The last 11 years of Moillon’s life were racked by religious strife reflecting the national political scene. In 1685, King Louis XV signed the Revocation of the Edict of Nantes, effectively stripping Protestants in France of their religious freedom and threatening them with imprisonment or death. Still staunchly Protestant at age 75 at the time of the Revocation, Louise fled to London with her two daughters, where she learned of her son’s imprisonment in the Bastille for refusing to recant his beliefs (he eventually converted). Louise later returned to France, perhaps under threat of the confiscation of her paintings, where she was apparently compelled to adopt Catholicism: a Protestant bulletin of the time recounts that her son was present when she received the last rites of the Catholic Church on her deathbed. In 1696, Louise succumbed to heart failure.

Boasting one of the most stellar artistic careers in 17th-century France, Louise Moillon played a crucial role in raising the genre of still-life painting to one of the most popular art forms in France. With her minute attention to detail, clever incorporation of human figures, and secular style, Moillon contributed to one of France’s most important cultural peaks, the Grand Siècle of 17th-century art that propelled France to the forefront of European art.

—Raphael Fitzgerald is an art historian and researcher.

Works Consulted:

Museo Thyssen Bornemisza, n.d. Retrieved June 15, 2013, from www.museothyssen.org/en/thyssen/ficha_artista/409

Park, Rebecca (2010). From the Vault: Louise Moillon. Retrieved June 15, 2013, from http://womeninthearts.wordpress.com/2010/08/24/from-the-vault-louise-moillon/

Sowa, Helen (1998). Louise Moillon, Seventeenth Century Still-Life Artist. Chateau Publishing, Inc.

Movies, Masons, and More: The Peculiar Past of NMWA’s Building


PiP-1blueprintWith a history as varied as the museum’s collection, NMWA’s building is a work of art in itself. Designed in a Renaissance-revival style, the six-story structure embodies orderliness and civic grandeur. Constructed by one of D.C.’s most prominent architectural firms (and famed architect Waddy Wood), the building was received landmark status in 1984. Purchased by NMWA in 1983, the building opened as a museum in 1987 after extensive renovations.

Ironically, the building was originally constructed as a Masonic Temple—women were not allowed entry.  Masonic symbols, such as carved squares and compasses, can still be seen in the museum’s architecture. The clearest symbols are on the building’s façade, particularly those in a frieze above the fourth floor. Visitors may spot some vestiges within the walls as well.

BuildingDetailBefore showing art, the building showed movies. In 1916, a first-floor theater began showing silent films. In the 1940s and early 1950s the Pix Theater ran racy “exploitation films” until resulting controversies caused their lease not to be renewed. Seven years later, the Town Theatre opened and played blockbuster films like Hitchcock’s Psycho until its closing in 1983.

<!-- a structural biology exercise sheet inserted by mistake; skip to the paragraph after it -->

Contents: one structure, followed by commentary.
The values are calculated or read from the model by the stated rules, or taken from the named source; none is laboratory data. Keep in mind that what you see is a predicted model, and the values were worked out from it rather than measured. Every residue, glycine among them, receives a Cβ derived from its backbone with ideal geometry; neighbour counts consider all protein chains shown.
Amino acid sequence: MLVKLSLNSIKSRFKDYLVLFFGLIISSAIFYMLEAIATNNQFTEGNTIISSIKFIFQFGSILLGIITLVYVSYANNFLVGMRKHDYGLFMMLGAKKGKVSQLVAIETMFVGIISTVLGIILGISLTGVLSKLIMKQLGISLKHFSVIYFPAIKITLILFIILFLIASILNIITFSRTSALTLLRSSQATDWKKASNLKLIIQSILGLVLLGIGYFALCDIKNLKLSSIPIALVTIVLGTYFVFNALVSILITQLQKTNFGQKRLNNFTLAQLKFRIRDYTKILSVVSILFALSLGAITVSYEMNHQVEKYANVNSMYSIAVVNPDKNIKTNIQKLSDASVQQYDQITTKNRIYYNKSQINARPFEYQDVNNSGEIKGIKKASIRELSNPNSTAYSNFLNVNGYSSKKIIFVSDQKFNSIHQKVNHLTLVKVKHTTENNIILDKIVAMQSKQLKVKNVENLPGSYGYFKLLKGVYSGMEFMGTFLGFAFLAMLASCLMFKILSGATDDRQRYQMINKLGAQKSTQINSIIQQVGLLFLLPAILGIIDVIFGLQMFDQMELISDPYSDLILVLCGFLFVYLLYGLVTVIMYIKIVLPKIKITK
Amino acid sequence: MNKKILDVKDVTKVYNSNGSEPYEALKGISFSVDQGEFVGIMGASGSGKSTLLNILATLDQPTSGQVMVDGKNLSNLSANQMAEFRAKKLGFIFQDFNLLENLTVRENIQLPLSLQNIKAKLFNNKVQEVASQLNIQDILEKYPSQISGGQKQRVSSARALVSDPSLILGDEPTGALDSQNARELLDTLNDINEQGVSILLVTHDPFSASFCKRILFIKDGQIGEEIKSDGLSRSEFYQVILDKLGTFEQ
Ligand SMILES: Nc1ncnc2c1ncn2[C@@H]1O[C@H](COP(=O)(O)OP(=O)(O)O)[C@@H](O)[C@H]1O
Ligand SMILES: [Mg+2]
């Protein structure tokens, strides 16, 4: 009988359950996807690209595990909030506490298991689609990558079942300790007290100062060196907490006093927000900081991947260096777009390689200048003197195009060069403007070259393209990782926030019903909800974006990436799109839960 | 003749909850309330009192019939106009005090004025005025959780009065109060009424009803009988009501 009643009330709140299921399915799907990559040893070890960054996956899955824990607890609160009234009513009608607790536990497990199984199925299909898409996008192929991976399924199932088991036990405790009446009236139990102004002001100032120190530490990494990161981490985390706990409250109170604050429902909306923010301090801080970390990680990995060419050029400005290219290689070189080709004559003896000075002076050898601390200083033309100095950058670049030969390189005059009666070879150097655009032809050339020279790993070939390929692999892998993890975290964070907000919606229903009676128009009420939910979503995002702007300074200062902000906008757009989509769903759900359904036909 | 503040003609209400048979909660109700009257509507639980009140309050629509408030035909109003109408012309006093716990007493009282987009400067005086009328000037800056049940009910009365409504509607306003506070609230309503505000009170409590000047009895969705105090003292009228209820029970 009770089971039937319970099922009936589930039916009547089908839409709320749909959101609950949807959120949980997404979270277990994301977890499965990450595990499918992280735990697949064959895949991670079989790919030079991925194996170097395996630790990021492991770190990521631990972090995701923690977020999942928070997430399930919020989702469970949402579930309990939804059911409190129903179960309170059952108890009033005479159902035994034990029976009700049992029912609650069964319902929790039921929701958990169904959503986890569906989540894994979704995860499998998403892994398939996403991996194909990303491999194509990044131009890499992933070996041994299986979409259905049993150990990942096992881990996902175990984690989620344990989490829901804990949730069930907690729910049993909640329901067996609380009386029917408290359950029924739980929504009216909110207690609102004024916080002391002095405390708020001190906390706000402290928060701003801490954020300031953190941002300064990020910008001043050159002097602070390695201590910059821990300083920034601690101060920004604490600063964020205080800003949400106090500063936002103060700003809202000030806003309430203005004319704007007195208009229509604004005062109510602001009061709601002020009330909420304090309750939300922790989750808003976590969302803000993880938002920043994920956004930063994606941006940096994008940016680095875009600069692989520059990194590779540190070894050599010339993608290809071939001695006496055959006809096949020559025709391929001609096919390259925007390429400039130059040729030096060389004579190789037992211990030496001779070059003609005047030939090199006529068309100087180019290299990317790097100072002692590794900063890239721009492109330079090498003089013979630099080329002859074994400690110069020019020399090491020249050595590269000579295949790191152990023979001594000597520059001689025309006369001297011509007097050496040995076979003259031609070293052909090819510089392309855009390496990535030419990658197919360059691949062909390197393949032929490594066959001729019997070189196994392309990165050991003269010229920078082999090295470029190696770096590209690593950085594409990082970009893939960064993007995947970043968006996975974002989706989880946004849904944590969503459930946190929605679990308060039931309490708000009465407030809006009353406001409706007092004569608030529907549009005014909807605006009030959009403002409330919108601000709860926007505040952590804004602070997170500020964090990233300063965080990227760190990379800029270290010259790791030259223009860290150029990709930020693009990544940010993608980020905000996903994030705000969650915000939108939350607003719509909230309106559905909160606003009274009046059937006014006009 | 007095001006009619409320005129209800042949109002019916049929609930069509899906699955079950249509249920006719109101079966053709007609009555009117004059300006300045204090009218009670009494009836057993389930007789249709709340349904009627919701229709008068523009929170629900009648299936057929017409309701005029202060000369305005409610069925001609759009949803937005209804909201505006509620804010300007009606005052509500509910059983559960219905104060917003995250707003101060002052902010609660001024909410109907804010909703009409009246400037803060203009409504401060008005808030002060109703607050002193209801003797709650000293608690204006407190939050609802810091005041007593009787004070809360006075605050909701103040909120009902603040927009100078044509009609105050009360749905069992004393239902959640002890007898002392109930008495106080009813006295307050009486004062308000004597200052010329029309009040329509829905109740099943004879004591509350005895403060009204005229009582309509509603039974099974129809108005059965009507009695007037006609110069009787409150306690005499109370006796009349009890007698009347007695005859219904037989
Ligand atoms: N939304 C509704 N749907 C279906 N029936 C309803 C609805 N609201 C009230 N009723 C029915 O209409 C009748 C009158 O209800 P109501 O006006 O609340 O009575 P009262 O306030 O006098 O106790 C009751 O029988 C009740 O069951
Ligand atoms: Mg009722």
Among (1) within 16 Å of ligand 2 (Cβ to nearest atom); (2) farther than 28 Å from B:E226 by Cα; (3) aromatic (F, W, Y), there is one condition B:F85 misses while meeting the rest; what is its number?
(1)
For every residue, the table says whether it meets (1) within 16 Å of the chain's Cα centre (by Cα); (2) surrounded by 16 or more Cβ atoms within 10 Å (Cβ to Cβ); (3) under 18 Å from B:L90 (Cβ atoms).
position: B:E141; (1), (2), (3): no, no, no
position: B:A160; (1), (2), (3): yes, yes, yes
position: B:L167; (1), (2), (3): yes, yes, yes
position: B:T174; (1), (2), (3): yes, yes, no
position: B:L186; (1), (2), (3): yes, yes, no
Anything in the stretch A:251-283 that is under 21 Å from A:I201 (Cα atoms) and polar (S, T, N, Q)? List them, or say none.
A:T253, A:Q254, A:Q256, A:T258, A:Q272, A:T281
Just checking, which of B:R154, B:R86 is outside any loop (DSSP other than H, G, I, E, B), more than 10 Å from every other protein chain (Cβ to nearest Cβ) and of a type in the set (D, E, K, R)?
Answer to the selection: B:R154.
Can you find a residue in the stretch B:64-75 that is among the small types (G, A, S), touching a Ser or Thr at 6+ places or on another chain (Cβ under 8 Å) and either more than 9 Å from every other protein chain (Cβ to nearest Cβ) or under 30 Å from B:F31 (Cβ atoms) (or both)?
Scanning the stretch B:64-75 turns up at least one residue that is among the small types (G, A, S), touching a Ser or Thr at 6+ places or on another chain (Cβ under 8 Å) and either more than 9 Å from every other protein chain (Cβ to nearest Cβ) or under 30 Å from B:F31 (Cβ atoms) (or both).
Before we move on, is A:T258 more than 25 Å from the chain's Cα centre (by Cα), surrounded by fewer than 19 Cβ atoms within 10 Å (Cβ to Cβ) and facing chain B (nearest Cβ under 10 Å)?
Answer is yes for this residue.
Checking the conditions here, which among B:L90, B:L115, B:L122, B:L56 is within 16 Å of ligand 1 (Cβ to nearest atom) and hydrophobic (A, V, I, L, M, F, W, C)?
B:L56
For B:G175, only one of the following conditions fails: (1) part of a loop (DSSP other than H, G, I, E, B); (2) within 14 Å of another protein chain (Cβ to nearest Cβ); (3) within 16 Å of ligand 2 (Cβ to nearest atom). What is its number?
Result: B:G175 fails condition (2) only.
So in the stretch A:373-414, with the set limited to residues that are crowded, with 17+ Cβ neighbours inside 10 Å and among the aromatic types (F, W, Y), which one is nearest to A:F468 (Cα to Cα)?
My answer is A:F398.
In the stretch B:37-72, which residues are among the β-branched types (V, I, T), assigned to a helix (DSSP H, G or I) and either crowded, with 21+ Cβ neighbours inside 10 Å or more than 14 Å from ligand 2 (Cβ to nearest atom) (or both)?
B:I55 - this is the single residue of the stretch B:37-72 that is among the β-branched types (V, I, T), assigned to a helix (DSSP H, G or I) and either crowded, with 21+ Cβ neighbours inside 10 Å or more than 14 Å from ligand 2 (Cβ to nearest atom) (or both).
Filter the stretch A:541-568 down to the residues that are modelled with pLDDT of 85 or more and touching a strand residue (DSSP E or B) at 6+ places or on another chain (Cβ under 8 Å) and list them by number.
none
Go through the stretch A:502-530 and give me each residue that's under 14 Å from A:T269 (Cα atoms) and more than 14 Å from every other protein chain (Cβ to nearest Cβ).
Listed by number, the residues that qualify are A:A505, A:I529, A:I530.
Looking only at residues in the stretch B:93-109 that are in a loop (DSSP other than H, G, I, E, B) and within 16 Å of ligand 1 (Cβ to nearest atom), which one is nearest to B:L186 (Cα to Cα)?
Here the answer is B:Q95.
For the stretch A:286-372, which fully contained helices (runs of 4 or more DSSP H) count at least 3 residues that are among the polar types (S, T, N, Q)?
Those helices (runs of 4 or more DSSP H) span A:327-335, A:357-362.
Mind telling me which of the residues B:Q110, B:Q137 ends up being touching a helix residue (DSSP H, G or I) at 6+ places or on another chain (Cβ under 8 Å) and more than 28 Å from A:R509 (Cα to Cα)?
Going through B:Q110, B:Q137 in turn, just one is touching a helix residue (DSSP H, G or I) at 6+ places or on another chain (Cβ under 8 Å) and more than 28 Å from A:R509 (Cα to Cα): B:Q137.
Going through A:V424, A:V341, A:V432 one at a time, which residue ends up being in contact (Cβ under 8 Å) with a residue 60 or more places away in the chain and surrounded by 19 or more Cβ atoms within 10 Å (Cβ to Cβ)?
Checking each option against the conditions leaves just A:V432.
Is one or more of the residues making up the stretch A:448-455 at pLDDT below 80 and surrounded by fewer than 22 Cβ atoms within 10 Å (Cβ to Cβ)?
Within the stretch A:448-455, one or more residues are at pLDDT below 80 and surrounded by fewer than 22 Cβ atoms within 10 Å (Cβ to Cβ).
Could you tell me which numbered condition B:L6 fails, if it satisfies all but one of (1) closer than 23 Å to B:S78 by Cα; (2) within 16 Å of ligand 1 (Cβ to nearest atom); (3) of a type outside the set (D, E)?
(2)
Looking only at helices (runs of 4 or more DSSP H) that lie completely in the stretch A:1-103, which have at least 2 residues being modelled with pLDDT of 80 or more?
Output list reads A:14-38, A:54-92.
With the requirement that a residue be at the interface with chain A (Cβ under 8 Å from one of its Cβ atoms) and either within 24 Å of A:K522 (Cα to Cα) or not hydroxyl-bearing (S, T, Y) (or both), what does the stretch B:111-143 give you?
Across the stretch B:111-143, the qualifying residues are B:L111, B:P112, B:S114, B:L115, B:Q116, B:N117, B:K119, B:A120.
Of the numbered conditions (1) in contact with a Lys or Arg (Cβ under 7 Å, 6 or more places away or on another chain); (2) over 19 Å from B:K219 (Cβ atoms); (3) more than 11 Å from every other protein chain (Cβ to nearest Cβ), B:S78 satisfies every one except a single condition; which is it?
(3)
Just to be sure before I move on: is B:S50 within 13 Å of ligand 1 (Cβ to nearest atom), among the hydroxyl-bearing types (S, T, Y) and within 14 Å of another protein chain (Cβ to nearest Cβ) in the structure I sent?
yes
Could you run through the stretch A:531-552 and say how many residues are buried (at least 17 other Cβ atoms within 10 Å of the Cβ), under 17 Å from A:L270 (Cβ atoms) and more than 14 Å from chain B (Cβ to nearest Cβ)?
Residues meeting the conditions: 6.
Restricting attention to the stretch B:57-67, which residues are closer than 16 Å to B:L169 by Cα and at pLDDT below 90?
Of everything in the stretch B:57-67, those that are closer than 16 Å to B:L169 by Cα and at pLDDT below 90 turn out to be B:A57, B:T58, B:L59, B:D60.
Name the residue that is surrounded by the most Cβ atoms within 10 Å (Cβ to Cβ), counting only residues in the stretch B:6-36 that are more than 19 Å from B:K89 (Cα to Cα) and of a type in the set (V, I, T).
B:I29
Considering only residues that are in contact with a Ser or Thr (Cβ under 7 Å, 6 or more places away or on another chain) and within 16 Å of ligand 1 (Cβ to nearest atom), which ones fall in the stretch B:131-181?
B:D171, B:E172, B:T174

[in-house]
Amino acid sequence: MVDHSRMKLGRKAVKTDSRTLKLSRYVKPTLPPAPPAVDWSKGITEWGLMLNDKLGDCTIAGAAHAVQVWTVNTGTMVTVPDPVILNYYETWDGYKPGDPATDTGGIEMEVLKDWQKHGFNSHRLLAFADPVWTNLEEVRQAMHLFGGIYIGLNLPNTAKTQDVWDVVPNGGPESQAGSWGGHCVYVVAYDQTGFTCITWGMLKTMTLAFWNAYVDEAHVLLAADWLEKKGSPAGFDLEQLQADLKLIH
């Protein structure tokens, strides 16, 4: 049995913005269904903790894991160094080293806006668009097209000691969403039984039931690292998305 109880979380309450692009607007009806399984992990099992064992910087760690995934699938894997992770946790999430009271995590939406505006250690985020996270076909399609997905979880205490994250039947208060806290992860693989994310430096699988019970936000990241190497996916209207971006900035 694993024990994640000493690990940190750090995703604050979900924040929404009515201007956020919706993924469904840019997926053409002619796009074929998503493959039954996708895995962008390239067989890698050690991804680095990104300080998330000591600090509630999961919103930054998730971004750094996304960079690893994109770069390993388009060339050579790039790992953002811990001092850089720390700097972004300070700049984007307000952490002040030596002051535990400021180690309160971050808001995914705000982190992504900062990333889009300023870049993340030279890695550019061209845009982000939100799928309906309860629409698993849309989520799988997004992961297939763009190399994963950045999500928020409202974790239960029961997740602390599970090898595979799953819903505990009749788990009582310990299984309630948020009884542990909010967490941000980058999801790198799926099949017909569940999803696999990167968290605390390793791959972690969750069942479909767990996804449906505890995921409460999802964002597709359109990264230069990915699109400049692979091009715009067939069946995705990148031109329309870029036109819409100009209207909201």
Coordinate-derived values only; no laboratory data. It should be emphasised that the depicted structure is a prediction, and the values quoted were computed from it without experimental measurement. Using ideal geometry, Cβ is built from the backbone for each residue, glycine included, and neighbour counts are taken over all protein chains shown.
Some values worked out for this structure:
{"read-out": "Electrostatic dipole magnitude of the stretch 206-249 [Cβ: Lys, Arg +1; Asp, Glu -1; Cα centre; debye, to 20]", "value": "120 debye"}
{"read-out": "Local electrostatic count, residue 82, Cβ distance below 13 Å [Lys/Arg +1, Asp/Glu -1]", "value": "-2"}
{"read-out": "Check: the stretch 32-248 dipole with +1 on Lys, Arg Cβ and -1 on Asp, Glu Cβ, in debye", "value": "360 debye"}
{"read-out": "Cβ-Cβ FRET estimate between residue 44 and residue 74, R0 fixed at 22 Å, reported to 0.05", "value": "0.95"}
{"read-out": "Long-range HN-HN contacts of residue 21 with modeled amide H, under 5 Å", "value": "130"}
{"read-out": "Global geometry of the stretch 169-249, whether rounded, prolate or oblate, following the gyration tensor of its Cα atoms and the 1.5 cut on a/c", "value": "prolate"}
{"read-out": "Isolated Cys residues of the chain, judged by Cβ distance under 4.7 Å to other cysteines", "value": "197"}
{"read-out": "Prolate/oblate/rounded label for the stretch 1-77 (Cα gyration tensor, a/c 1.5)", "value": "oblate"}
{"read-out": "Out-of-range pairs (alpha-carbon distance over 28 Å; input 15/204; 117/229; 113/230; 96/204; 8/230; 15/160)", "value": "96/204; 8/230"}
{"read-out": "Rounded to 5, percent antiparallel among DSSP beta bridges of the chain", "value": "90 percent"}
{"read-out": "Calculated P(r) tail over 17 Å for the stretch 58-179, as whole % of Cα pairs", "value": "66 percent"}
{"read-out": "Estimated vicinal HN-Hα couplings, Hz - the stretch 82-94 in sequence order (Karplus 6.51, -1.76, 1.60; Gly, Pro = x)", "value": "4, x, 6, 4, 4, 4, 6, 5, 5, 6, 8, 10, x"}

The wedge-shaped building was also home to several small offices and shops during its first 20 years. A dentist, an insurance agent, and a uniform supply outfitter all operated on the second floor above the movie theater. From 1910 through ’21, the upper floors contained George Washington University’s law library, and a USO canteen was housed in the basement during World War II.

NMWA today

NMWA today

In 1997, the museum incorporated an adjacent property to create the Elisabeth A. Kasser Wing. The space now houses NMWA’s gift shop and sculpture gallery—more palatable uses than its past function as the “D.C. Pleasure Parlor.”

Although visitors can’t take advantage of the building’s previous functions by watching movies or getting their teeth cleaned, they can enjoy NMWA’s collection of art by many of the world’s most significant women artists. The building itself is seen as an embodiment of the museum’s mission—it is a place for women artists—and funds for vital roof repairs will ensure the continued integrity of its structure.

NMWA’s Nordic Cool

In honor of A World Apart: Anna Ancher and the Skagen Art Colony, on view through May 12, 2013, we’re researching other delightful, innovative, and interesting Danish women in the arts. Click here to learn more about NMWA’s current exhibition.

Some of the earliest seeds for NMWA’s current exhibition, A World Apart: Anna Ancher and the Skagen Art Colony, were planted nearly a decade ago when curatorial staff members visited Scandinavia to research Nordic Cool: Hot Women Designers. This exhibition, on view at NMWA during April–September 2004, was a hit, and although it was NMWA’s first-ever design exhibition, it opened the curators’ eyes to Scandinavian women artists such as fascinating Danish painter Anna Ancher.

Women in the Arts magazine cover, Spring 2004, with Nanna Ditzel's "Bench for Two," 1989

Women in the Arts magazine cover, Spring 2004, with Nanna Ditzel’s “Bench for Two,” 1989

Several of the Danish designers whose work was on view at NMWA were creating domestic-use products that addressed gender roles—such as Johnna Sølvsten Bak’s tablecloth with “iron burns incorporated into the design” as Jordana Pomeroy described in the spring 2004 issue of Women in the Arts magazine. Another example, “Danish industrial design team PAPCoRN (Lene Vad Jensen and Anne Bannick)…created compostable dinnerware from corn by-products.”

Of furniture by Nanna Ditzel—pieces with “curvilinear structures [that] would be as comfortable in a gallery as in a living room”—Pomeroy said, “Ultimately design is highly personal, often bearing traces of the artist’s hand, reflecting the proportions of the designer’s body, and deriving from the most intimate emotional memories. Ditzel’s designs flow with the human body while simultaneously drawing on other natural sources: seashells, coral, flowers, and butterflies.”

—Elizabeth Lynch is the editor at the National Museum of Women in the Arts.

From the Archives: Catharina Baart Biddle